JUMPING FROM TURTLES TO WHALES: A PLIOCENE FOSSIL RECORD DEPICTS AN ANCIENT DISPERSAL OF CHELONIBIA ON MYSTICETES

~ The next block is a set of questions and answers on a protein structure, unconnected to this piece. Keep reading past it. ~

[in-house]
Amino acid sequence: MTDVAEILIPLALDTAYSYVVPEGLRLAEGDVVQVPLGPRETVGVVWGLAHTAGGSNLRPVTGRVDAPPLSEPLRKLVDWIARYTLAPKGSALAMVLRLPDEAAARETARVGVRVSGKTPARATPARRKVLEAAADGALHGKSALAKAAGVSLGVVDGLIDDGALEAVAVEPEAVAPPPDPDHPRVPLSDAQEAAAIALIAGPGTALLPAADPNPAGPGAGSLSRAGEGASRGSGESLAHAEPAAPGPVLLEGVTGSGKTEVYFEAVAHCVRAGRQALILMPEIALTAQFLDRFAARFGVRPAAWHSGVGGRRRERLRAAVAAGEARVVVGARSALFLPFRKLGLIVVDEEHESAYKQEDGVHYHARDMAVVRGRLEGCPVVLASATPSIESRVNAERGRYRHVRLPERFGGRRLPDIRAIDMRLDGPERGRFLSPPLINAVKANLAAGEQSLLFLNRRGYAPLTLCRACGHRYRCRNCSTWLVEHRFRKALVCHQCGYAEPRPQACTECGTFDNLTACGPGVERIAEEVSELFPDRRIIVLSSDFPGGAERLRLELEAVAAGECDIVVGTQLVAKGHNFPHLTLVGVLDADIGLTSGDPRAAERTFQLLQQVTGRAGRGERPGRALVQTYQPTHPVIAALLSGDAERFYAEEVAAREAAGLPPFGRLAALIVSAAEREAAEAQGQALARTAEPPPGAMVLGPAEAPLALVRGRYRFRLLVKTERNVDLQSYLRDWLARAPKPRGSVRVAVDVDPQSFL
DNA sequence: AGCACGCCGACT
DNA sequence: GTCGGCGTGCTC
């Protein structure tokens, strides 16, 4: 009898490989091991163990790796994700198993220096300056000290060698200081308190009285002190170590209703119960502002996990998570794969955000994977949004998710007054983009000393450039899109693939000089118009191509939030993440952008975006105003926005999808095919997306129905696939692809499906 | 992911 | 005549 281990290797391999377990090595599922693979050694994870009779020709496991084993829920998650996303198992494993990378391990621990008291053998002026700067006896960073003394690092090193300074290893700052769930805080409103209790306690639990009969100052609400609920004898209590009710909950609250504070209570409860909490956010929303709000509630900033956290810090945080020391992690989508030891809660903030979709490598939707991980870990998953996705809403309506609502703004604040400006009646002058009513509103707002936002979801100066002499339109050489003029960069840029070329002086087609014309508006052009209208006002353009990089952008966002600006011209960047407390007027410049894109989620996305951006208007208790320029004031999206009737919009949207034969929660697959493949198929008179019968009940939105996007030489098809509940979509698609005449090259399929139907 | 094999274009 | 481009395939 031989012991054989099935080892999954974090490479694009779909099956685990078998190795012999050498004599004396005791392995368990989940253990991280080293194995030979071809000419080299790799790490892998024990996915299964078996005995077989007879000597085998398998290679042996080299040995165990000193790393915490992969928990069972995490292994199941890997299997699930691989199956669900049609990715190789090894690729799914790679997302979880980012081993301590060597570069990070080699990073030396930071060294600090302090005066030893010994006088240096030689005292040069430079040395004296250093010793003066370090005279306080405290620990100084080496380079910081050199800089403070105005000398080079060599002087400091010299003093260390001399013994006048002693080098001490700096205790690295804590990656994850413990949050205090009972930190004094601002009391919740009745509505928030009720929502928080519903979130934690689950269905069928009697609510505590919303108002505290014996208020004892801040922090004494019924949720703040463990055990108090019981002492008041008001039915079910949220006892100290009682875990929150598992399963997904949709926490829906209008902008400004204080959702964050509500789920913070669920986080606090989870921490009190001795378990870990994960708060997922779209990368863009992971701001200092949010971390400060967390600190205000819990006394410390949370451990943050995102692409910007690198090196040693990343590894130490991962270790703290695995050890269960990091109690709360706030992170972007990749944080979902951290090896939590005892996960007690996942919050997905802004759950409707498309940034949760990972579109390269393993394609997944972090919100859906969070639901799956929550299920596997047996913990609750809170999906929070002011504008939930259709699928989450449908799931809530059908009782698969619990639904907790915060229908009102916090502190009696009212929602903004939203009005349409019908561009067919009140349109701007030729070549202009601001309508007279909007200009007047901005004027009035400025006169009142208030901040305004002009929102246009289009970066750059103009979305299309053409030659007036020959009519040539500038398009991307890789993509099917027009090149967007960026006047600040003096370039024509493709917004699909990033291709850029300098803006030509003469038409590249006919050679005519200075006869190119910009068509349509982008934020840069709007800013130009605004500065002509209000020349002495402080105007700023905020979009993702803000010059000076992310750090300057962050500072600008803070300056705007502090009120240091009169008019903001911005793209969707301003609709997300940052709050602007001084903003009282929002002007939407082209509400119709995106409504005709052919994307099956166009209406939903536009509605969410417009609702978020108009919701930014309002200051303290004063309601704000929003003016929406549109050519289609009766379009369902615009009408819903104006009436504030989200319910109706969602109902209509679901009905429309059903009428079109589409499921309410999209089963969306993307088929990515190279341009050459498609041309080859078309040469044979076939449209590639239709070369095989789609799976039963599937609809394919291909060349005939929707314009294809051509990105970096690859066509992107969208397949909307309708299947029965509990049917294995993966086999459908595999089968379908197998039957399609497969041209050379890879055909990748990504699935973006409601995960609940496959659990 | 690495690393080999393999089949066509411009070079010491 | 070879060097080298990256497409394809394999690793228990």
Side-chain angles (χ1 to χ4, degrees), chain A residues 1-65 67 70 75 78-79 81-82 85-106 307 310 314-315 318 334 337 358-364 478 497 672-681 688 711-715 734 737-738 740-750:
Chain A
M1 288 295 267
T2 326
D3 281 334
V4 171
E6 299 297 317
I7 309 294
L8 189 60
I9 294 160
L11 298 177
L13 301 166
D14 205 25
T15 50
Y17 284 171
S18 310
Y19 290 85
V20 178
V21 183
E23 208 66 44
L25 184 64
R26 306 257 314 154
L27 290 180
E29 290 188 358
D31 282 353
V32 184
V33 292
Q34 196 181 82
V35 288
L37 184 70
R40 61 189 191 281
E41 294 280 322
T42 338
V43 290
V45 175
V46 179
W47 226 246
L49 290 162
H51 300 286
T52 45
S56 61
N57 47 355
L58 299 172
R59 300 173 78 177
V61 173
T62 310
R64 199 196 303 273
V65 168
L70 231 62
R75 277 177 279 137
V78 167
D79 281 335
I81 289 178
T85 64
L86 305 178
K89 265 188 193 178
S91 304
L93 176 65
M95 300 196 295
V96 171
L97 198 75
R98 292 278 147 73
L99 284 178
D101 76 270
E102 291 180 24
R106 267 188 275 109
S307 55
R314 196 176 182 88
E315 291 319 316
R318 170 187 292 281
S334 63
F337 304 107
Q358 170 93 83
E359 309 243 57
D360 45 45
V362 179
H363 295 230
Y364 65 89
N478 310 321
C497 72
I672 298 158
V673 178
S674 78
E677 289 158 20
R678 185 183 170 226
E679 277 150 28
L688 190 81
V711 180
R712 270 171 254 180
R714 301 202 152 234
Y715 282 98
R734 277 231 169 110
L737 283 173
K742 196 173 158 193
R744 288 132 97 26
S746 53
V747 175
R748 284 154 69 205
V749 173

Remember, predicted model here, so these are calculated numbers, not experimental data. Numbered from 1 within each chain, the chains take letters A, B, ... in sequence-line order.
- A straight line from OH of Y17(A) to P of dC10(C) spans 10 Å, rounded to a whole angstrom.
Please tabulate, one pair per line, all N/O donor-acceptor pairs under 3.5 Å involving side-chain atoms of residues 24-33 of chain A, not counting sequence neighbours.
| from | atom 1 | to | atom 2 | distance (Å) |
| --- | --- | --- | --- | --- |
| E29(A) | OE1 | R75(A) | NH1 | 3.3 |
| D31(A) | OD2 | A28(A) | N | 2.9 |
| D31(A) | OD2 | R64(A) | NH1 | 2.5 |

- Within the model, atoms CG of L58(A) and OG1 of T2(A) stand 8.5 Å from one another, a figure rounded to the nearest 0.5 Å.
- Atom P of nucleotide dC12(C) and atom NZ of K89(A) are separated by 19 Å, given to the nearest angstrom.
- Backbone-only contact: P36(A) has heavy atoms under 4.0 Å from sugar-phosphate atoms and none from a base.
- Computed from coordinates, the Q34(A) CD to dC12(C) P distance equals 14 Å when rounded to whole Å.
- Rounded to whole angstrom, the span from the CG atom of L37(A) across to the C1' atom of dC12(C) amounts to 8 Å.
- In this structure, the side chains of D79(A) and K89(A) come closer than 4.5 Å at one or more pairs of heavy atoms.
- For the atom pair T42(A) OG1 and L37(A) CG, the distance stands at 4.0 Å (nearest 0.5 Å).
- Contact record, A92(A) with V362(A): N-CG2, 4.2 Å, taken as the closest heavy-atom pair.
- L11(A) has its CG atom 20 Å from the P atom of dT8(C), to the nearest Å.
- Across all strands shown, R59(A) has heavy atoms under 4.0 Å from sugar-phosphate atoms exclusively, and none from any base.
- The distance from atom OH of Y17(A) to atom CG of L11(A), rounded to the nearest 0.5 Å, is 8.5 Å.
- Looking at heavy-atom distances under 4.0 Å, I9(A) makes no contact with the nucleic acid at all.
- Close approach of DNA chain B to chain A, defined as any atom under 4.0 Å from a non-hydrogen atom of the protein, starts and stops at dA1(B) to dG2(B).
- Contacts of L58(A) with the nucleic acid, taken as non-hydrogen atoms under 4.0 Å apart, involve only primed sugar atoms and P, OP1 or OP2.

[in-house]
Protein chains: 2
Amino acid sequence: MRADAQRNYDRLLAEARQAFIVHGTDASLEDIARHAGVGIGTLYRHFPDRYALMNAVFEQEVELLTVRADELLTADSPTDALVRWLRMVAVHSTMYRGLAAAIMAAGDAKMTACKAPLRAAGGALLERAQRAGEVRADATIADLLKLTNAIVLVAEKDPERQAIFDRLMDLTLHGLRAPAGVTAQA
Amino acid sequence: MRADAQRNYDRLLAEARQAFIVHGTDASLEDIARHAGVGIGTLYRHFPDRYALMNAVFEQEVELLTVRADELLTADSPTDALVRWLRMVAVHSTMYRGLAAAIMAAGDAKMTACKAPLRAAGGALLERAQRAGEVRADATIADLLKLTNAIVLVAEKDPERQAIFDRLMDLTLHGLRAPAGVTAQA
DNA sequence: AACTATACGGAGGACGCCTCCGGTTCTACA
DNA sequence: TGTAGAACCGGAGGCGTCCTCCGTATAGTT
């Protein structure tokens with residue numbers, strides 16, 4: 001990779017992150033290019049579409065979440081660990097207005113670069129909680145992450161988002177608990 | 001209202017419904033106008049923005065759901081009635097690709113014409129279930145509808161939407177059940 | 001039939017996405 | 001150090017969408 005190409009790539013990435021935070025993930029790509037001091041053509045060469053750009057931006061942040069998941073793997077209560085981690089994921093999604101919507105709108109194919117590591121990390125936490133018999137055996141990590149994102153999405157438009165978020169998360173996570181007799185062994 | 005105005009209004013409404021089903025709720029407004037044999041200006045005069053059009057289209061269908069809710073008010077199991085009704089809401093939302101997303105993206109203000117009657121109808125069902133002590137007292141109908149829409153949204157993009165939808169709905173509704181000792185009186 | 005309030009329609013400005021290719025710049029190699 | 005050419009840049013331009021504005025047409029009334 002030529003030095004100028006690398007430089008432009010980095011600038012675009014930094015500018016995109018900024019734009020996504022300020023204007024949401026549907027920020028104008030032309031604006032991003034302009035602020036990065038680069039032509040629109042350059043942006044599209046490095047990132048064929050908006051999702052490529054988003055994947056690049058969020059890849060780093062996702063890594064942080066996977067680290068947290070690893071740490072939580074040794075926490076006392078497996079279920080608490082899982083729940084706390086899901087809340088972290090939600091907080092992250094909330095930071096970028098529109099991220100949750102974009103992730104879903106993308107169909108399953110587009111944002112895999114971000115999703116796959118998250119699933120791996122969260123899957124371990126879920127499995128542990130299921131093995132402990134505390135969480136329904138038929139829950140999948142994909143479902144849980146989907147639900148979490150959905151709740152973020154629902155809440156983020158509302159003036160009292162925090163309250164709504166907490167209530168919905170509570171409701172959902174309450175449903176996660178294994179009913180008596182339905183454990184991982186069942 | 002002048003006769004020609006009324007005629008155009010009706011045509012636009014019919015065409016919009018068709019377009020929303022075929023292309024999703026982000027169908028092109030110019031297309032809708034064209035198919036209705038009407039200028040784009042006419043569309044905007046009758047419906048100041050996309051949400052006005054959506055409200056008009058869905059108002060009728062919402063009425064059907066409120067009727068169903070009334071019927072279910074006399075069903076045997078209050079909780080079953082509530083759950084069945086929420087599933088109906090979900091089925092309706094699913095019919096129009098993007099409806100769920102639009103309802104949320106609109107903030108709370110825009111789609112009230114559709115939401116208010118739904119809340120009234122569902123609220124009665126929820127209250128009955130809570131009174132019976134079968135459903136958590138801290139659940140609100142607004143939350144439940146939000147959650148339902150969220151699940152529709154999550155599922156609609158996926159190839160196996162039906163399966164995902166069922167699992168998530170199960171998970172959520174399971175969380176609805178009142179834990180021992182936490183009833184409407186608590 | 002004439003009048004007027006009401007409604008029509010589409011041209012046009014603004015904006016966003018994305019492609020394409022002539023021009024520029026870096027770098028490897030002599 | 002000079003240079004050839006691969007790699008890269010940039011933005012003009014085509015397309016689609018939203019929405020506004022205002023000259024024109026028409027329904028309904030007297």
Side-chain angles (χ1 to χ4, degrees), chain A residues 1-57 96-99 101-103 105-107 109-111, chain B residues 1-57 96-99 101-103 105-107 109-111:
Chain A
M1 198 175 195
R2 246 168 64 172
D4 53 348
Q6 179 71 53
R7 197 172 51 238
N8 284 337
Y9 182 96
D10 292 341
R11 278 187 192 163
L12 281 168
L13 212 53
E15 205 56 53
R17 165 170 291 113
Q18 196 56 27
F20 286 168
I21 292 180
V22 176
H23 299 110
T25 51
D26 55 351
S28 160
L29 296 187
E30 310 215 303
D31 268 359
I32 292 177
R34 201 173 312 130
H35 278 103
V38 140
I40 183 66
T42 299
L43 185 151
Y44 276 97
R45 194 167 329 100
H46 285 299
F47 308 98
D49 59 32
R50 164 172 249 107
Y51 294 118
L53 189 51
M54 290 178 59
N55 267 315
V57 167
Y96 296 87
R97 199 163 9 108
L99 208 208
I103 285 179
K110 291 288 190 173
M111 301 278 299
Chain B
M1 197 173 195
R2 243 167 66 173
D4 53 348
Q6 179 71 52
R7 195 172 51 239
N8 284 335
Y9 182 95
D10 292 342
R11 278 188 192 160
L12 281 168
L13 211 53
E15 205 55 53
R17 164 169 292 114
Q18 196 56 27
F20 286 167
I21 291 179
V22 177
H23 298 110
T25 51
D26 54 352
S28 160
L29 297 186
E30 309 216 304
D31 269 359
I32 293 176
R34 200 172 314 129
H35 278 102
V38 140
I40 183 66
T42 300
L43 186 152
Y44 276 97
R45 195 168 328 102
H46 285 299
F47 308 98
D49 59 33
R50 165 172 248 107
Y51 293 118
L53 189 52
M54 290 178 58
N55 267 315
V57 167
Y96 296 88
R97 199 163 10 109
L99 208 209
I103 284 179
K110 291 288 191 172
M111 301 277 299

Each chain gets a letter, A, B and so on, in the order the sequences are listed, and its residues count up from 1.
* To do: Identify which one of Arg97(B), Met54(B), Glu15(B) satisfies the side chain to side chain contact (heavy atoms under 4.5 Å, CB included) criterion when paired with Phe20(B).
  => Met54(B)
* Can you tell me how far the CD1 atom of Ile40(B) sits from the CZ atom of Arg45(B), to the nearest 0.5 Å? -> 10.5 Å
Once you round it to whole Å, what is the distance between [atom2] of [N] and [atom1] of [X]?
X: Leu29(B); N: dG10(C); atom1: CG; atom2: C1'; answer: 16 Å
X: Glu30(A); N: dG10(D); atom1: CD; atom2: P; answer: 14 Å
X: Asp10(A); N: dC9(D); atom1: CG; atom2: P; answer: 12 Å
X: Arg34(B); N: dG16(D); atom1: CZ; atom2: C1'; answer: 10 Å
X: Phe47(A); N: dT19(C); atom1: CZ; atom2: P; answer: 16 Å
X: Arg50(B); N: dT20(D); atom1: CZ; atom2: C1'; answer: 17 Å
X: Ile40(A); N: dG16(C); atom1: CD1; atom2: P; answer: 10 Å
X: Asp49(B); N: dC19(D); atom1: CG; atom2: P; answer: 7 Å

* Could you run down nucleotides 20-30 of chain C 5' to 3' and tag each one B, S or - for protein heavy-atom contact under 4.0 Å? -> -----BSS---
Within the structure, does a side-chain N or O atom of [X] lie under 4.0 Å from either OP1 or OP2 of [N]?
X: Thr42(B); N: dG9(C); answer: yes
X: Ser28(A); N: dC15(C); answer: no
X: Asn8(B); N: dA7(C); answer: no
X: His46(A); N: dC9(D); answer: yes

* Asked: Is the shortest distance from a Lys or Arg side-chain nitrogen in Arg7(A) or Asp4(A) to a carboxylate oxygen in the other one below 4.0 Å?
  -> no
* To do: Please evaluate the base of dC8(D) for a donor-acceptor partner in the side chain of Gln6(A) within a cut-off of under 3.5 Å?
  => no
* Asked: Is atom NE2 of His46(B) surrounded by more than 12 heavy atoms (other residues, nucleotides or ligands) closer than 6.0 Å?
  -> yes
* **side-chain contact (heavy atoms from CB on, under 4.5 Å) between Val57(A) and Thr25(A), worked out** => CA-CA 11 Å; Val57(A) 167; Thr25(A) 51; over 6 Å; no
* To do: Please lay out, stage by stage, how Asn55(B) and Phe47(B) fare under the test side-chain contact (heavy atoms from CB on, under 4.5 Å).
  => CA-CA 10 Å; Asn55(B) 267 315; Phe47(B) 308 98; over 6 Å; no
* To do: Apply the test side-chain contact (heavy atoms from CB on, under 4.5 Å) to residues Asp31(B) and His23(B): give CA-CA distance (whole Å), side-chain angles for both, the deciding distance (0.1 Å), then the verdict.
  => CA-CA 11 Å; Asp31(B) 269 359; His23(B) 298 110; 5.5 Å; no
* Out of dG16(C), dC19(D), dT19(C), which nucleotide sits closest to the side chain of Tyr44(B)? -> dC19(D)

The barnacles included in the superfamily Coronuloidea are epizoic symbionts of various marine vertebrates (including cetaceans, sirenians, and sea turtles) and other crustaceans (crabs and horseshoe crabs). Among Coronuloidea, the so-called turtle barnacles (Chelonibiidae) are known from Paleogene times, whereas the whale barnacles (Coronulidae) likely appeared in the late Pliocene (Piacenzian). Although a derivation from the turtle barnacles (and especially from the genus Chelonibia) has been proposed, the evolutionary origin of Coronulidae remains to date obscure. In this work we reappraise a fossil record from upper Pliocene (Piacenzian) marine deposits at Casenuove (Empoli municipality, Tuscany, Italy) comprising various shells of Chelonibia testudinaria associated to a partial skeleton of a balaenid mysticete. Based on taphonomic and morpho-functional considerations, we discuss the hypothesis that the barnacles were hosted on the baleen whale, possibly on its callosities, which could have represented an analogous of the horny carapace of marine turtles. This record strongly suggests that the baleen whales can be added to the list of the possible hosts of the barnacles of the genus Chelonibia, thus hinting that the whale barnacles may have evolved from an ancient phase of dispersal of Chelonibia (or a similar ancestor) on mysticete cetaceans.
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